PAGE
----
Last year, singer-songwriter Leon Timbo released his debut Americana album Lovers and Fools, a stunning, soul-searching album that examined grief, healing and relationships.
Timbo's latest release, "Galaxy," continues that search by celebrating how the love for -- and from -- his daughters has saved him.
"I am unapologetically a girl dad. My daughters have saved my heart and my definition of love," Timbo says in a press statement. "In the 'We Were' song I referenced my daughters' love making me feel like Superman. In light of the complexities of life and relationships, success and failure, their love has found me at my worst. I can't 'undad' myself and sometimes I wish i could because they deserve better. So I stand here devoting this song to my forever love affair with my girls."
Timbo, who co-wrote "Galaxy" with Alex Marion, says the song expresses how his role as a father has changed him for the better.
"On the first EP Lovers and Fools, I wrote a song and it was talking about my story with my father and my mother and the process of that. 'Galaxy' was kind of the second chapter of that space," Timbo tells Wide Open Country. "I kind of spoke to what I was missing in my relationship with my parents and how that kind of brought me to be the man that I am. Then, in giving that love, however damaged and tampered it was, to my daughters and how that's been my world, 'Galaxy' really speaks to the fact that, the older you get as a parent, the more you realize that the greatest gift to your life are the people you're able to pour [love] into...or just give extensions of yourself to."
Lovers and Fools
Timbo grew up in in Jacksonville, Fla., the son of two pastors. Inspired by artists such as James Taylor, Bill Withers and Andraé Crouch, Timbo began singing and playing guitar at 17. Though he grew up surrounded by gospel music, Timbo says he felt drawn to telling different stories about the human experience -- stories of pain and personal introspection that didn't always have a clear-cut, positive ending.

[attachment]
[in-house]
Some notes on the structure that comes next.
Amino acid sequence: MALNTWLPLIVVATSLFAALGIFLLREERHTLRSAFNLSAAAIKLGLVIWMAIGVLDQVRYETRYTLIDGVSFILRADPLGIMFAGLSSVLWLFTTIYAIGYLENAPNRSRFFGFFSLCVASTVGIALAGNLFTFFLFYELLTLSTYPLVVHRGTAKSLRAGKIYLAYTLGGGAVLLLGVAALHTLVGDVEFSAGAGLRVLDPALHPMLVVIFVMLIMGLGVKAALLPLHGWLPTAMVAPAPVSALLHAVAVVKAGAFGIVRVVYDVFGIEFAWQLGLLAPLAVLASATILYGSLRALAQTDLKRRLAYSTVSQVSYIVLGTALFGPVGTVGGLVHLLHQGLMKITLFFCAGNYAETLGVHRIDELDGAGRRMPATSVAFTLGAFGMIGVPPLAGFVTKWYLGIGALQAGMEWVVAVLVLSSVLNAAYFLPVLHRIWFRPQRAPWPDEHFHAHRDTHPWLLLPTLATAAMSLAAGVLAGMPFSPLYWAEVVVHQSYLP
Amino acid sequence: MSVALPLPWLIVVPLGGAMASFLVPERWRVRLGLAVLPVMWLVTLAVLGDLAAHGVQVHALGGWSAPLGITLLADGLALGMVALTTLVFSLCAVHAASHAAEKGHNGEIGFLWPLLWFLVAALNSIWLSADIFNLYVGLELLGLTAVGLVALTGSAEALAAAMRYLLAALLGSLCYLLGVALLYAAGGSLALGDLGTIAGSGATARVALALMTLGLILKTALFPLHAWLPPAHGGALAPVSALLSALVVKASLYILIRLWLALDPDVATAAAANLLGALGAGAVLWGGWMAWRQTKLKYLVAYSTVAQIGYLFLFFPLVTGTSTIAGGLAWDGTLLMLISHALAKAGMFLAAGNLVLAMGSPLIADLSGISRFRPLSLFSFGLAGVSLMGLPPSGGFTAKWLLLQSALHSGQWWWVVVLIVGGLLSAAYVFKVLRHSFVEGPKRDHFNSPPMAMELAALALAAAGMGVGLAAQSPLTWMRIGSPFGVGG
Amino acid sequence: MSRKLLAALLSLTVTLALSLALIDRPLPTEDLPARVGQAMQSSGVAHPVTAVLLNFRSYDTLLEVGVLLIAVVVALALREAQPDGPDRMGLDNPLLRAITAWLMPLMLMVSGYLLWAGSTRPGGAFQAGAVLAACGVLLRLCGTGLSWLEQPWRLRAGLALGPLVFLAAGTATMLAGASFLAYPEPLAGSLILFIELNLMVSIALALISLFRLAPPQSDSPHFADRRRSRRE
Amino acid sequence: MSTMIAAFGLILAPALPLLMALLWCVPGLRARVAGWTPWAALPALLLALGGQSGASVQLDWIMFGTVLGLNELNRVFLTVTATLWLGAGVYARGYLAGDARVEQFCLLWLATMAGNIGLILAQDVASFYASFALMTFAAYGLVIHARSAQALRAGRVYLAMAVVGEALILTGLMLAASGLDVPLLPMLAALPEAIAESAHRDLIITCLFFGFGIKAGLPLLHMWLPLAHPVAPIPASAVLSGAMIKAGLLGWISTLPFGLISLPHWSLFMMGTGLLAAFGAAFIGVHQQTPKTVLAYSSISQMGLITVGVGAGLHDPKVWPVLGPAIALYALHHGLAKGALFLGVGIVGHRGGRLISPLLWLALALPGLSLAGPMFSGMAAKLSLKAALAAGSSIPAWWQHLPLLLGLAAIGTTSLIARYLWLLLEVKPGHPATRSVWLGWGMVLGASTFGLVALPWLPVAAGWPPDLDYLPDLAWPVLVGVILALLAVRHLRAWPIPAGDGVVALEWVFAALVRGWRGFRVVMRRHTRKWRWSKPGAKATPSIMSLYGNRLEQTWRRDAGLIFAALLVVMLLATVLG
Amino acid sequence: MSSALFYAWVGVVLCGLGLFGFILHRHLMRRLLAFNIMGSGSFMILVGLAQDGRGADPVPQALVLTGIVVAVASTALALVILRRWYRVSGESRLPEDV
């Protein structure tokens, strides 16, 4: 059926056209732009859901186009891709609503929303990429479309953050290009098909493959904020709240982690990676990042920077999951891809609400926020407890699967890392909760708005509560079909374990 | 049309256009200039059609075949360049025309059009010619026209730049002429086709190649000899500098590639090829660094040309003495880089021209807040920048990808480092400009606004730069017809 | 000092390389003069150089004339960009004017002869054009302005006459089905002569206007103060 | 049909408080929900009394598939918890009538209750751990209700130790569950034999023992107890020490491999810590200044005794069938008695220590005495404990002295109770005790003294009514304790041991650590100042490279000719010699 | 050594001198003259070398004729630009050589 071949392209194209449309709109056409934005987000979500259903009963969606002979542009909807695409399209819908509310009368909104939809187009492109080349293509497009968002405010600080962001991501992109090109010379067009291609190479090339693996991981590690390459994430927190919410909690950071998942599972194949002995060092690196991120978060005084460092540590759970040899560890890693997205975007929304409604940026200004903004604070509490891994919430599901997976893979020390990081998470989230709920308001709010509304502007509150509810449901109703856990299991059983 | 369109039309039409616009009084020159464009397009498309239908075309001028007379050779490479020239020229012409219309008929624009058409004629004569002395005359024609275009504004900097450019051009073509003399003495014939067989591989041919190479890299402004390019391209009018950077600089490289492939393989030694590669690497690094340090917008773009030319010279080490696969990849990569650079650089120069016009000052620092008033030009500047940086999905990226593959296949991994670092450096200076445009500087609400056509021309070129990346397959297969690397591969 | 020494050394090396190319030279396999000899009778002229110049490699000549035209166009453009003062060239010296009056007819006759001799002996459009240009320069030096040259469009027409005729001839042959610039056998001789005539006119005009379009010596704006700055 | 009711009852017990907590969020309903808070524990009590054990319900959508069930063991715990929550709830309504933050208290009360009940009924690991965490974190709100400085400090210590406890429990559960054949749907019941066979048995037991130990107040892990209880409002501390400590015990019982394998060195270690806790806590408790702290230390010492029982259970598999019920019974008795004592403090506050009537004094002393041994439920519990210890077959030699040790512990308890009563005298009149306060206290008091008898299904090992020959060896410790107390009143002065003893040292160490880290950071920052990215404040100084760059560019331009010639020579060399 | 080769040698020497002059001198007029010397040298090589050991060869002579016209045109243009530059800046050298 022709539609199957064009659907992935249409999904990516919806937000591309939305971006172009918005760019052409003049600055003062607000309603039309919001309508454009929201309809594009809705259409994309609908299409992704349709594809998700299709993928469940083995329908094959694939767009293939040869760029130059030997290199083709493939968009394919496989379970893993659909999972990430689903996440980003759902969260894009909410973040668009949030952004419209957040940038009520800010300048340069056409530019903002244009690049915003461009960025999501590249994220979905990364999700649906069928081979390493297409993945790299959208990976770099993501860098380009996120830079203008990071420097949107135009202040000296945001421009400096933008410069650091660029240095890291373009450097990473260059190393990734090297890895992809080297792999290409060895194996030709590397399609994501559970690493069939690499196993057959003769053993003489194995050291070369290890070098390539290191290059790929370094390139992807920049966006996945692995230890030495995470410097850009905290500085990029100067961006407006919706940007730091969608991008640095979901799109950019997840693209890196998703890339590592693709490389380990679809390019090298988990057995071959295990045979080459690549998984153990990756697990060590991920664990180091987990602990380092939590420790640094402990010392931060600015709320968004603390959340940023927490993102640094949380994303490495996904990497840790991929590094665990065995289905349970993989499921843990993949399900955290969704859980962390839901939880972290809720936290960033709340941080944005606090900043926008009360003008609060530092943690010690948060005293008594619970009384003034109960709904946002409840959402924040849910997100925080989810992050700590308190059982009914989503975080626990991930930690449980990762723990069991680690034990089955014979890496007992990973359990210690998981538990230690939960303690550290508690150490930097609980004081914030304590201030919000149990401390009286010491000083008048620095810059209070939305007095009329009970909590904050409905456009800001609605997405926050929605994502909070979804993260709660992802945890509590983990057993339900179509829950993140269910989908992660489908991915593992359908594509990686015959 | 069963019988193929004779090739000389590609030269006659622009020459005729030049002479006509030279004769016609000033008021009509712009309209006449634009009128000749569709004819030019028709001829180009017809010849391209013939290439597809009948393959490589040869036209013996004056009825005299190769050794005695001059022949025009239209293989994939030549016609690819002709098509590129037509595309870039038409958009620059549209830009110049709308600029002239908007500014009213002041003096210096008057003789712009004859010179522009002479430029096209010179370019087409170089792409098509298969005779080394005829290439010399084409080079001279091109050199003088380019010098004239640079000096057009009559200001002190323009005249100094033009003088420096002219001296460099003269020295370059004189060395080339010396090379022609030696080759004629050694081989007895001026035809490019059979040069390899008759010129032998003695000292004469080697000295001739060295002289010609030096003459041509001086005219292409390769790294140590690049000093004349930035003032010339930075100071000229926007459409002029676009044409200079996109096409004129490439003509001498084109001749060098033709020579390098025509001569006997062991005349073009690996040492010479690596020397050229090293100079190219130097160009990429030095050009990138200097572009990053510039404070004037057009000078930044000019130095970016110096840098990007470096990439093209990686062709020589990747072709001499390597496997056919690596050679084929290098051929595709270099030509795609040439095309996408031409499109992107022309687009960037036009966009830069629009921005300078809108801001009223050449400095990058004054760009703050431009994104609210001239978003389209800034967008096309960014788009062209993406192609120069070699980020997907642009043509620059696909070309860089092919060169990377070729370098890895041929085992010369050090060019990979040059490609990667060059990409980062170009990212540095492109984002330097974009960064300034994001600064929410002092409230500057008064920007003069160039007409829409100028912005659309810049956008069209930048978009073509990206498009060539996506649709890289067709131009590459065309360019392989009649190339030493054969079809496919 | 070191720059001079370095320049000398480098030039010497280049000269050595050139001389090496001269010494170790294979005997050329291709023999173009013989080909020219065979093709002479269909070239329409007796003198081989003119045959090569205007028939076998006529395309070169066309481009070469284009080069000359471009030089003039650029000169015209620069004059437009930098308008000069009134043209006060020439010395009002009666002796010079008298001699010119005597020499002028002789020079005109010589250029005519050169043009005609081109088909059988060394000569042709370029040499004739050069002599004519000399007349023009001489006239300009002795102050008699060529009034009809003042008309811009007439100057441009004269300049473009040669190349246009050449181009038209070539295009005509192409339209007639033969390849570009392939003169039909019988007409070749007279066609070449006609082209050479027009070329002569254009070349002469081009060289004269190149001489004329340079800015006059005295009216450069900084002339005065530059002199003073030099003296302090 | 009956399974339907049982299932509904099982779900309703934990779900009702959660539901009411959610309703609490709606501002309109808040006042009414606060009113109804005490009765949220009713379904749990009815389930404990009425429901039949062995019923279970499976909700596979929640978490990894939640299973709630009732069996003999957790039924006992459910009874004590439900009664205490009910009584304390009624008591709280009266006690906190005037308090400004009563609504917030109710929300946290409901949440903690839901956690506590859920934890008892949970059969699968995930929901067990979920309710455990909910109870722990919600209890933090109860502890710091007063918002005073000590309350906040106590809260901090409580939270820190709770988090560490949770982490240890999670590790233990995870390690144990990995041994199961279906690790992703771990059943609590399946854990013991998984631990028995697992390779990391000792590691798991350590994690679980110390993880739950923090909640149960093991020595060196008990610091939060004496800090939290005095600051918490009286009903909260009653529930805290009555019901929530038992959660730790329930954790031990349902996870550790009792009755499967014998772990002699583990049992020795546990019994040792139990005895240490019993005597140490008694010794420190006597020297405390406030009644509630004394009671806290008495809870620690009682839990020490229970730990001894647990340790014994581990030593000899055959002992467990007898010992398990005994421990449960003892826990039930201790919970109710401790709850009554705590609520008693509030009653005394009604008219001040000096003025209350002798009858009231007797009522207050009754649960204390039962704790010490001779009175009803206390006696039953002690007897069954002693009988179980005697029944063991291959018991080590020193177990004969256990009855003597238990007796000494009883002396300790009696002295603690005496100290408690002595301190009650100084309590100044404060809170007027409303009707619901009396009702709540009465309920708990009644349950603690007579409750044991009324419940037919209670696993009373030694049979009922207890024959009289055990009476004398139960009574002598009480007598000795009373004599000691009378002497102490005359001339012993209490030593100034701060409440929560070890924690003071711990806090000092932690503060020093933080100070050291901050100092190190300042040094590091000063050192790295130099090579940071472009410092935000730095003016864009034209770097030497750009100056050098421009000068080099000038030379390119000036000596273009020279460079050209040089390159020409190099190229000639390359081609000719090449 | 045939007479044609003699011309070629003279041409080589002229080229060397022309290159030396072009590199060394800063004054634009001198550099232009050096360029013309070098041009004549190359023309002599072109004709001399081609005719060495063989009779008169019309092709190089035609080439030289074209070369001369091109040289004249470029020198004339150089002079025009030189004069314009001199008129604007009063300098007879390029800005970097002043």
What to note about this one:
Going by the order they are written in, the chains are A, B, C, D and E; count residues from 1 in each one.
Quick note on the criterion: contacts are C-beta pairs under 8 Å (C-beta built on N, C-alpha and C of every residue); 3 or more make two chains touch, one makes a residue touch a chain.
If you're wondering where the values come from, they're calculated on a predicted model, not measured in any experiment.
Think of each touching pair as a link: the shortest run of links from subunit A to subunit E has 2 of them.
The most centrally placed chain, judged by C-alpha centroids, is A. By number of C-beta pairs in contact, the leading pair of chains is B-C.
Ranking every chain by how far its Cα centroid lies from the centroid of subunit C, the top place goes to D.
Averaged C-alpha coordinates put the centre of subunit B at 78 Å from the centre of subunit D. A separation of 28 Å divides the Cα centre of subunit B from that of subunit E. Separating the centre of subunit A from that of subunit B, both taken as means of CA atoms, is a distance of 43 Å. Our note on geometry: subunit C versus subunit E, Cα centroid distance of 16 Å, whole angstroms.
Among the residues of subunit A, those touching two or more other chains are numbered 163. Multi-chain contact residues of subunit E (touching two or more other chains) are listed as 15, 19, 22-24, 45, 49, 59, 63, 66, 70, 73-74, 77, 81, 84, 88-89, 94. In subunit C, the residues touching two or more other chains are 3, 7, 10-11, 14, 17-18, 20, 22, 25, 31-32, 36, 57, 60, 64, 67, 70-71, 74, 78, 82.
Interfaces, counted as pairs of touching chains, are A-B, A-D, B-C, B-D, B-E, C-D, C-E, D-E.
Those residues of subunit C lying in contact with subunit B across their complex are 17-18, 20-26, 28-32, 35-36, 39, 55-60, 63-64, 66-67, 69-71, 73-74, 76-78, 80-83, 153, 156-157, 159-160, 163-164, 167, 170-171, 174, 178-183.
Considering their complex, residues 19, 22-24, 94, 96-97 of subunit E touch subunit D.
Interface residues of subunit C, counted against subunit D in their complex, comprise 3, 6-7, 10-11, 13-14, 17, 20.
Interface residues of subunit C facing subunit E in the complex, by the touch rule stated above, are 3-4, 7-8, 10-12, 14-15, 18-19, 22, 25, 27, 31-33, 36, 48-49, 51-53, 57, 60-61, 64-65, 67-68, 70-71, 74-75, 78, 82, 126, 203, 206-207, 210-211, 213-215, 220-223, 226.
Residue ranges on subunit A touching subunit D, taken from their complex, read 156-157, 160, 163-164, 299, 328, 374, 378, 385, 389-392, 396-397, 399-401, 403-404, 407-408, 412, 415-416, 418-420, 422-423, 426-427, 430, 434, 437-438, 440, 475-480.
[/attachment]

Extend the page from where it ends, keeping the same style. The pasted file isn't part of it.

"I think gospel music --my faith kind of made it home, but I didn't fit those years ago when I picked up the guitar and wanted to express songs about pain and process," Timbo says. "I needed a space to understand myself in wanting to tell those stories, but I needed a genre and a context that would accept it. Gospel music gave me a home and then it told me that there was more to me than just that space. So indirectly, it definitely did speak to my identity. I still sneak into a gospel song every now and then because you never leave that. You never leave home. I think that faith is always in your heart. You just find different ways to express it."
Timbo combined his love for country, vintage soul, gospel, folk and R&B to create his debut Americana album, Lovers and Fools.
"I saw Americana as a place that I didn't have to hide any part of me if I wanted to just be. Without jumping any hoops...I just wanted to be," Timbo says. "I know Americana is evolving itself as well. I think being a person of color, it has shown me a lot of opportunity and a lot of curiousity. Americana says, 'Okay, yeah, bring your soul, bring your gospel, bring your story. Cuss a little bit if you want to. Just tell your truth and leave it on the table.' And Americana gave me the freedom to do that."
Timbo is currently working on new music, including a re-imagining of a Luther Vandross- penned song, "Never Too Much. ("[It's] a classic Soul song for the purpose of bringing the prime story of the song to life for a new audience and a reintroduction of its greatness to the old," Timbo says.)
"Lovers and Fools part two is already done...I'm expressing a lot more pain and I feel a lot better about being honest in those respects. I speak to my country. I speak to my relationships that are dear that I processed through. I speak to myself, the man that I am today," Timbo says. "I started writing my first full Americana album. I've done some writing with Ron Pope. I've done some writing with Michael Trotter from The War and Treaty. I'm excited about telling my story in what I call a bare-bones, honest approach. So it's going to be just a simplified expression of my heart."
For more information on Leon Timbo, visit his official website.
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